Elk Creek Campground in receivership, county permit revocation proceedings postponed to mid-March

Elk Creek Campground is located just outside of New Castle off County Road 241.
Chelsea Self/Post Independent

The Elk Creek Campground near New Castle may end up reverting to a previous owner and is now in receivership after several weeks of inaction to address Garfield County permit violations.

County commissioners on Monday, after being made aware of the latest development, postponed code enforcement action, including a possible lawsuit, in hopes that at least some of the violations can be addressed in the next two weeks.

Where that leaves the dozen or so long-term tenants of the campground, who are there illegally this winter, is uncertain.

Some of those residents appeared before the commissioners last week asking for a reprieve after they were asked by owner Beau Haines to vacate the premises.

The 67-space campground is permitted for seasonal RV/camper and tent camping, as well as use of the cabins on site, between May 1 to Nov. 1, states a memo from the county Community Development Department and legal staff that was before the commissioners on Monday.

Previous efforts by a former owner in 2010 to permit the campground for expanded use hinged on construction of a Colorado Department of Public Health and Environment (CDPHE)-approved wastewater treatment system.

Those conditions were not met at the time, and both the county and CDPHE have noted ongoing concerns regarding the potential for sewage getting into the town of New Castle’s Elk Creek water source.

More recently, county code enforcement received complaints from neighboring residents about camping being allowed illegally through the winter months.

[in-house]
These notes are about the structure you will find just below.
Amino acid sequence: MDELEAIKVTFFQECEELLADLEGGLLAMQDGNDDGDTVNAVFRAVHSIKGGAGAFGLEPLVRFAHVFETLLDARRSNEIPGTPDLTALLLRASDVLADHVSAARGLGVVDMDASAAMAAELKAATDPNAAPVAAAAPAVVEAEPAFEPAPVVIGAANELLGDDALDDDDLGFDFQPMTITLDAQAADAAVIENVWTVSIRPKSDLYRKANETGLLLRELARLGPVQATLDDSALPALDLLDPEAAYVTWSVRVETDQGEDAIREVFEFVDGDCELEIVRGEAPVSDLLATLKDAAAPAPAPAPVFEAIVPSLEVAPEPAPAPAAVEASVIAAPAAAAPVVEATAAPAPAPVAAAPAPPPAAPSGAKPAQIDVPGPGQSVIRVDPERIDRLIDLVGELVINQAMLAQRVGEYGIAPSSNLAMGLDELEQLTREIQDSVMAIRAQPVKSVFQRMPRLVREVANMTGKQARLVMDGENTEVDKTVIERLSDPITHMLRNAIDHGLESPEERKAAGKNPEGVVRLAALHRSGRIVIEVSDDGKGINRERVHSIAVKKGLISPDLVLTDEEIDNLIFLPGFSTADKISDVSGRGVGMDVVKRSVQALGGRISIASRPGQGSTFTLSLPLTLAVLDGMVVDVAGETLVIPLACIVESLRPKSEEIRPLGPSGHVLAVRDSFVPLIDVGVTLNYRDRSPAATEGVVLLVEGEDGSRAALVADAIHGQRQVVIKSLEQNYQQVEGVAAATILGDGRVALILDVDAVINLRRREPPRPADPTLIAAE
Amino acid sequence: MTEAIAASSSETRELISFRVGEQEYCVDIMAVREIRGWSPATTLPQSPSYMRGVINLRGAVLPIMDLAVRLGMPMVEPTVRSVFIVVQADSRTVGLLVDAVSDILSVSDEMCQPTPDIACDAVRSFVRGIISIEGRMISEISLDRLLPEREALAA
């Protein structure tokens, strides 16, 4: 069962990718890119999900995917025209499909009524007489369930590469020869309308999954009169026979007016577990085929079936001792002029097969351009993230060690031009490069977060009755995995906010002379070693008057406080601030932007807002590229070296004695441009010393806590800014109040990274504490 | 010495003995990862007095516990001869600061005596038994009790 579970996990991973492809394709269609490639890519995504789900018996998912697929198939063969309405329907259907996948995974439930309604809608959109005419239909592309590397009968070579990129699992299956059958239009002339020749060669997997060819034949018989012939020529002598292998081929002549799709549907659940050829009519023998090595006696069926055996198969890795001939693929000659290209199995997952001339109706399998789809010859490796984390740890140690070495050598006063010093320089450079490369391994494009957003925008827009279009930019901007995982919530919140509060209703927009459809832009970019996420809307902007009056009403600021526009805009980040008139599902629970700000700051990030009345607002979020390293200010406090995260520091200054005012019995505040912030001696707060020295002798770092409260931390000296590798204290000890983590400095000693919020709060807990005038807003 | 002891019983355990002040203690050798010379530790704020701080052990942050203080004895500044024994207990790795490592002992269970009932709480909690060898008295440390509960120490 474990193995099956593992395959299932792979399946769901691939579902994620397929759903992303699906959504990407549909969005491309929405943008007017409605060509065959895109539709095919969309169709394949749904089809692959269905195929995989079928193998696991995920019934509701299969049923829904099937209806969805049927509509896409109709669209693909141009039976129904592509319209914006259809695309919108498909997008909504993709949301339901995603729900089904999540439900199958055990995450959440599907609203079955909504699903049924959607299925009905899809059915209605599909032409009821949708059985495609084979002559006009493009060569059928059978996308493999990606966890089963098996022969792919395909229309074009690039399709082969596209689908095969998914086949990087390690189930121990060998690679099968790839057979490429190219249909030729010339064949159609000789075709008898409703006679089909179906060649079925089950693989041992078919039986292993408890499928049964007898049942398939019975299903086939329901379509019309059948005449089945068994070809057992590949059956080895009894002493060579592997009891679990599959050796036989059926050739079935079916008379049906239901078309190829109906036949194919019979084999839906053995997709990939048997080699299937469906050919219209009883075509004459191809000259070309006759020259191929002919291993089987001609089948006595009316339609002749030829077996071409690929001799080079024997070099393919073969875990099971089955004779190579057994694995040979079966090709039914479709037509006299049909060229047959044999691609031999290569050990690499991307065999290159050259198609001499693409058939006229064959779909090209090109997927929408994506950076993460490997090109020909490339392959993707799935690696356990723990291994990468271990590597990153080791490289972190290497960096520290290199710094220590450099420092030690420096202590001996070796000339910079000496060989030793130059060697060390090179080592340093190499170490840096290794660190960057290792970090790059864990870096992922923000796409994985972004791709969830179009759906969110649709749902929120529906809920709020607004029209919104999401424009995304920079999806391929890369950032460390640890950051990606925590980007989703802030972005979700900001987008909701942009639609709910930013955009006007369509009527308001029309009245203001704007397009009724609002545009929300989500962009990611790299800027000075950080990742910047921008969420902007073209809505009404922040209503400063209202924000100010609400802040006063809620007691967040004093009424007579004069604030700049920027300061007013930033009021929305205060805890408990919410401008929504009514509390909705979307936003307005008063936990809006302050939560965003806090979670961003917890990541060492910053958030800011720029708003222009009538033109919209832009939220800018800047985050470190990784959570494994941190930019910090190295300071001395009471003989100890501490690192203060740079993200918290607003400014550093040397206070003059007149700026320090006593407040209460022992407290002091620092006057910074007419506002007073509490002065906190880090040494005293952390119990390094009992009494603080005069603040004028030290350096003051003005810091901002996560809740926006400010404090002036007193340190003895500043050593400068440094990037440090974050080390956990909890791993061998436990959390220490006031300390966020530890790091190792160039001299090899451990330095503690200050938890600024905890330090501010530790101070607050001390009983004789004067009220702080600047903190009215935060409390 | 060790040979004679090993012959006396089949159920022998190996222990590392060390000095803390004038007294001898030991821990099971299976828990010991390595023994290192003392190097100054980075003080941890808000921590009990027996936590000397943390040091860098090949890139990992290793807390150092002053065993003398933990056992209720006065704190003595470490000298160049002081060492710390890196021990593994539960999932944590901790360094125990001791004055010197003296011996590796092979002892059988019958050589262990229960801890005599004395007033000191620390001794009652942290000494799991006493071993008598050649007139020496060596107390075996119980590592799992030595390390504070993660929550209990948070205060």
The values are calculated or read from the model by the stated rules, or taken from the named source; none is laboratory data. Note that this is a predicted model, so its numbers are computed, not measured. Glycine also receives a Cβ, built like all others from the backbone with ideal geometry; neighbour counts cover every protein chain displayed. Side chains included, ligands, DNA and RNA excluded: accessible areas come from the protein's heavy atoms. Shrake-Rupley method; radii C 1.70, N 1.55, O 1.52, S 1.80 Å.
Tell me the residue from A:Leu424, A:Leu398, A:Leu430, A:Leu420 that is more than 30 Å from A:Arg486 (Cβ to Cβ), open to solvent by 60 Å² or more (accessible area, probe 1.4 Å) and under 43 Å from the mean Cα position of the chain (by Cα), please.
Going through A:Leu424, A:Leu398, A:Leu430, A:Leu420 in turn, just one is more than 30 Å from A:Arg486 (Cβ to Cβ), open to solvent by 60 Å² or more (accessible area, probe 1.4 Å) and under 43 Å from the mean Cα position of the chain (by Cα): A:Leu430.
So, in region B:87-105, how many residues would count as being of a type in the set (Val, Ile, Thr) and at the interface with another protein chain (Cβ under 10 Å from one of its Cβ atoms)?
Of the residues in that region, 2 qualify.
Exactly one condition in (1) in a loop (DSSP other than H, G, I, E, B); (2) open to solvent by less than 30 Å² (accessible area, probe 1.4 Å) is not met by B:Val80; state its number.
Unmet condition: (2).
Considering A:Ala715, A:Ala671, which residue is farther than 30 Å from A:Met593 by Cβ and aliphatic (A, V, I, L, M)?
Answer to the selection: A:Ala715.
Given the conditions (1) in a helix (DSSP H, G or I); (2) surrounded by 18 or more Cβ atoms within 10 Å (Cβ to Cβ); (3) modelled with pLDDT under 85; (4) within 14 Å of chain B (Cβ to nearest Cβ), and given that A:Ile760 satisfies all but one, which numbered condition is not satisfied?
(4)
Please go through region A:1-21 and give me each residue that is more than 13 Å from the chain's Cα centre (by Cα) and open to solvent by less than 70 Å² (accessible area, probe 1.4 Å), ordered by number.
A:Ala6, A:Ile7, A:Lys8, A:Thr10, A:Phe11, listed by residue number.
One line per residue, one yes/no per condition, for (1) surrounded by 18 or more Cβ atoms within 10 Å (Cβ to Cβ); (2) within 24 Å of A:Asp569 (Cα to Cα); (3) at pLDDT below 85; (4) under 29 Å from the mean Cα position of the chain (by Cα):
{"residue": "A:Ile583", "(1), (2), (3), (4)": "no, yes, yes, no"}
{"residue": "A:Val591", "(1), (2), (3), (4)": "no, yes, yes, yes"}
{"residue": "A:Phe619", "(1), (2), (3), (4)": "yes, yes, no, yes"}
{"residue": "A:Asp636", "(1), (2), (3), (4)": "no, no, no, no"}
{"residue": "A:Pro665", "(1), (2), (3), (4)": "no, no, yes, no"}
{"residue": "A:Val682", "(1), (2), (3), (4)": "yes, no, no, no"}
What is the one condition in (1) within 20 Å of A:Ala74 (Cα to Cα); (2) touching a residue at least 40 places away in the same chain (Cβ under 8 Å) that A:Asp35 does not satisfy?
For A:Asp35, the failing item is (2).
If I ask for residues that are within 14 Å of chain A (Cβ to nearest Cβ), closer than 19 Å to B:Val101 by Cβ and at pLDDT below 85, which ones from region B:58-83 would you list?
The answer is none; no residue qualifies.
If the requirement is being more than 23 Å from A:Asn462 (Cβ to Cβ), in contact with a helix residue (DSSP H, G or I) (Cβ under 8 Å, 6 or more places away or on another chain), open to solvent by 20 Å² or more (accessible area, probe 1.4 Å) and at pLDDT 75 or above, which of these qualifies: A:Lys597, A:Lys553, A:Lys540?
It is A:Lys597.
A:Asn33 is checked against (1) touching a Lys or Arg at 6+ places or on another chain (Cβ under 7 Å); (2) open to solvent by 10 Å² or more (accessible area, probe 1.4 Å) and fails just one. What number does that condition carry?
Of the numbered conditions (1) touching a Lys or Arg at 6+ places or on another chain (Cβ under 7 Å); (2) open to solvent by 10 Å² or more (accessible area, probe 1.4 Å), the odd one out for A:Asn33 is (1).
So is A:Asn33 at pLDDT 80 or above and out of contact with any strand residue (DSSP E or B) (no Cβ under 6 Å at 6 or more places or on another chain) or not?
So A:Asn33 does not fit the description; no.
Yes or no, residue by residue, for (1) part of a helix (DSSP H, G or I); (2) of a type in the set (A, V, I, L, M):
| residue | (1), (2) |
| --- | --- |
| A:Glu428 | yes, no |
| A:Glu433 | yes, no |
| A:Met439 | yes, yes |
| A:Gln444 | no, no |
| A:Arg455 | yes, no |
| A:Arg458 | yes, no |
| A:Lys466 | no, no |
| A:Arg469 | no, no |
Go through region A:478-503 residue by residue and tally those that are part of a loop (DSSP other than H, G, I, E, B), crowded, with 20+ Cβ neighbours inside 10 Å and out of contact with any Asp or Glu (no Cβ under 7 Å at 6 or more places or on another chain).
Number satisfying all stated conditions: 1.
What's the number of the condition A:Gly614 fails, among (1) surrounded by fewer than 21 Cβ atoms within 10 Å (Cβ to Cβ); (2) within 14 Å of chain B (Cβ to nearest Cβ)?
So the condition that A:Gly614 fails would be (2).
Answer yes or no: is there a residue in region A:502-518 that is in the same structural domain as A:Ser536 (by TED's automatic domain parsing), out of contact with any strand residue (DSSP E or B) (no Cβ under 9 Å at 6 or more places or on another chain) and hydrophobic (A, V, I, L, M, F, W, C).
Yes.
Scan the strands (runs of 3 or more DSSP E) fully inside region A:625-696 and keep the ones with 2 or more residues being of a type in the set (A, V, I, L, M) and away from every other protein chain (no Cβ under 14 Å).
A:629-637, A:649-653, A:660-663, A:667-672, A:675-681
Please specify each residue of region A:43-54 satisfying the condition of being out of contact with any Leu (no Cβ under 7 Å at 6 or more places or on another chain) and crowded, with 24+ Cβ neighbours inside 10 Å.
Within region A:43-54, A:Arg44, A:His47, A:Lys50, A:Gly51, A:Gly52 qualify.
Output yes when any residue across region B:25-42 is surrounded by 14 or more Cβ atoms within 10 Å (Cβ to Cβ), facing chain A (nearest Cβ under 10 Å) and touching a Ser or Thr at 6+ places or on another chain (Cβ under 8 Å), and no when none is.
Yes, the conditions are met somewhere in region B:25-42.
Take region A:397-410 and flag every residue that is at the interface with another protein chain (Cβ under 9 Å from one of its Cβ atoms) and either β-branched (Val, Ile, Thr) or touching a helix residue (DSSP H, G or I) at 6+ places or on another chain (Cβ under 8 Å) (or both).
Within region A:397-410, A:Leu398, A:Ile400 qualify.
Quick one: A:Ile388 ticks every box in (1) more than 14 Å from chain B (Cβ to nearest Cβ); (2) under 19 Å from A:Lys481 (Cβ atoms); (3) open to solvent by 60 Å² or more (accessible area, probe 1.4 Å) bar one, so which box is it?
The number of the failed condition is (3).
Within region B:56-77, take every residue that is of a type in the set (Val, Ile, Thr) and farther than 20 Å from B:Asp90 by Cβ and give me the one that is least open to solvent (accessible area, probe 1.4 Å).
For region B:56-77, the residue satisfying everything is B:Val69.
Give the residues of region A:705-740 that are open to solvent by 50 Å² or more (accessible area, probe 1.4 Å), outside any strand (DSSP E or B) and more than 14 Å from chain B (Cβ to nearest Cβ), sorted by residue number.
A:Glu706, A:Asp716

In a formal Notice of Violation issued to Haines and Compass Mountain Resorts LLC on Dec. 21, 2021 — obtained by the Post Independent through an open records request — the county advised that all campers/RVs were to be removed and the cabins vacated.

Prior to that, Haines, in a Nov. 29, 2021, email also obtained through the records request, asked for a meeting with county officials “to discuss the current acceptable land use for Elk Creek Campground,” indicating that “I must have misunderstood what was written. I would like to discuss what is happening currently and our future plans in hopes that we can get on the same page.”

No further correspondence between the county and Haines occurred before or after the Notice of Violation was issued.

Residents who spoke before the commissioners last week said they were misled to believe they were allowed to stay through the winter months. They also said it would be hard for them to relocate with such short notice, and given the lack of available campground spaces this time of year.

Area Realtor Sean de Moraes appeared before the commissioners Monday to say that he had been appointed receiver in the foreclosure action and is responsible for preserving the assets and address any permit violations.

“There are people living out there this winter,” de Moraes said, acknowledging the apparent violation. “It’s my position to figure everything out and preserve the property.”

Whether that’s under the prior LLC owner to which the property reverted, or for future sale, is yet to be determined.

The existing land-use permits allowing for even just a seasonal campground are relevant to the property’s value and are worth maintaining, de Moraes said.

He said he has also contacted the CDPHE and is working to have a contractor inspect the wastewater system.

Commissioners agreed to postpone any code enforcement action for now, but want to see some progress in remedying the issues by March 14 when de Moraes is due back before the board.

“We need to put an end to the violations, or correct them,” Commission Chairman John Martin said. Otherwise, “the assets will not be in an (approved) campground but a new land-use application.”

In the meantime, de Moraes was advised to meet with representatives from county community development and legal staff to address what needs to be done to remedy the situation.

“There are millions of dollars in property value at stake here, so there is a heavy hand on the receiver to get this taken care of,” Commissioner Tom Jankovsky said.

Senior Reporter/Managing Editor John Stroud can be reached at 970-384-9160 or

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